Book of Serenity
Translated by Thomas Cleary.
Lindisfarne Press: Hudson, NY 1990,
463 pp., $18.95.

The Gateless Barrier
Translated and with a commentary by Robert Aitken. 
North Point Press: Berkeley, CA, 1990,
332 pp., $14.95.

The Koan or “Zen dialogue” is the fundamental study of Chan (Zen), an oral transmission rooted in the ancient Chinese tradition of “story contemplation” in meditation. This form of practice runs parallel to the practice of “silence illumination” in zazen, each enhancing the other.

The Book of Serenity and The Gateless Barrier are two of the primary compilations of these dialogues. They have served students of Zen for hundreds of years as an aid to “cutting off the stream” of reliance upon logical thought. Some Zen masters tended to arrange koans into a formal curriculum while others selected particular koans for particular students. In either case, the idea was to set up a “barrier” in order to help the novice experience a “breakthrough” or insight. Robert Aitken reminds us that one of the original meanings of “barrier” is checkpoint. “What may be known abstractly becomes personal,” he writes in his introduction to The Gateless Barrier. “The notion of transcendental oneness becomes a vivid experience of a shared and unbounded nature, and the thought of compassion is felt profoundly in a way that is consistent with its etymology: ‘suffering with others.'”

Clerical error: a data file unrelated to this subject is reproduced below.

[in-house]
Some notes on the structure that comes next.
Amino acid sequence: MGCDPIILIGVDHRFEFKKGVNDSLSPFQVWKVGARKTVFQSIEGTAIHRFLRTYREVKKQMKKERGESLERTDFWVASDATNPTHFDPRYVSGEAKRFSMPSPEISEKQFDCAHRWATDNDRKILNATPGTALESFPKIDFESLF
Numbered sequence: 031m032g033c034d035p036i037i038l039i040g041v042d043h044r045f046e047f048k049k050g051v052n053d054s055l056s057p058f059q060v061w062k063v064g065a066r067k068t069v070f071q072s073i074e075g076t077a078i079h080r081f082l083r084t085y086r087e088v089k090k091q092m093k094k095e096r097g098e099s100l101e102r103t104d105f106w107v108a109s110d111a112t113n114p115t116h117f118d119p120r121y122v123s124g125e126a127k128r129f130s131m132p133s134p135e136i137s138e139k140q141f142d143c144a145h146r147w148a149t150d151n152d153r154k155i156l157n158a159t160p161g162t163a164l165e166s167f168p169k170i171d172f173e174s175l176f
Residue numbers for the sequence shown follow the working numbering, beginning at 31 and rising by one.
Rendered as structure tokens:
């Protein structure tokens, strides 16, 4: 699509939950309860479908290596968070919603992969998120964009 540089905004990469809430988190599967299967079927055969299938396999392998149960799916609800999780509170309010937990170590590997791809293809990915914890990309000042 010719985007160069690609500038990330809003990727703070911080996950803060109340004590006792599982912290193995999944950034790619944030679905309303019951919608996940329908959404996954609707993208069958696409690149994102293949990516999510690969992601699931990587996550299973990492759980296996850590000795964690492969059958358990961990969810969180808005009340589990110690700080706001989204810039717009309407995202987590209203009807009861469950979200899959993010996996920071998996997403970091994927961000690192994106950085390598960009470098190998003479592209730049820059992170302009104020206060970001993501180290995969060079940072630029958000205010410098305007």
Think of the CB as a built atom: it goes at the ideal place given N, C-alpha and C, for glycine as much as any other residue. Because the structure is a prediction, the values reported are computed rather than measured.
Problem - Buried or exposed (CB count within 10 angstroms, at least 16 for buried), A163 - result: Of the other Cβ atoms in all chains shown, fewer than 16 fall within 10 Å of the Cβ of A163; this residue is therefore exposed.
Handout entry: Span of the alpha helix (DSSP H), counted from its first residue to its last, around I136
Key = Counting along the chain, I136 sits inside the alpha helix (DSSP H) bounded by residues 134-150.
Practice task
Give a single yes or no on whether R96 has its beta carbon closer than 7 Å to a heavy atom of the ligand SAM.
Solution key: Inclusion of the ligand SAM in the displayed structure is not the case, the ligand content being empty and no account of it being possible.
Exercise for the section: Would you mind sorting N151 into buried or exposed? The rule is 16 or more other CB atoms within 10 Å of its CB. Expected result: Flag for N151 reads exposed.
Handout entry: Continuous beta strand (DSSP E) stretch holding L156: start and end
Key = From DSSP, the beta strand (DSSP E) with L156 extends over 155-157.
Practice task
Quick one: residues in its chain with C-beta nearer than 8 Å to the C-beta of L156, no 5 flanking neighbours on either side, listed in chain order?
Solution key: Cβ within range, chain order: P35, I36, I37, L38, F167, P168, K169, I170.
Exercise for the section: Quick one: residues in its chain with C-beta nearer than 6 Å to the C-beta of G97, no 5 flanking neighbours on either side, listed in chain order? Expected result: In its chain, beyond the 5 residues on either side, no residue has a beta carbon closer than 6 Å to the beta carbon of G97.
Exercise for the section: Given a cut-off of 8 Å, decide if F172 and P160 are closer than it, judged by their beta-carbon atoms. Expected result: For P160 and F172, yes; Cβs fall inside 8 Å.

In the first of the 48 “cases” of The Gateless Barrier, a monk asks eighth-century master, Chao-chou, “Has the dog Buddha nature?” Chao-chou replies, “Mu.” The thirteenth century master, Wu-men, spent six years working through that one-vowel mantra-word: mu. Every commentary on this koan includes Wu-men’s advice, “Don’t think in terms of ‘has’ or ‘has not.'”

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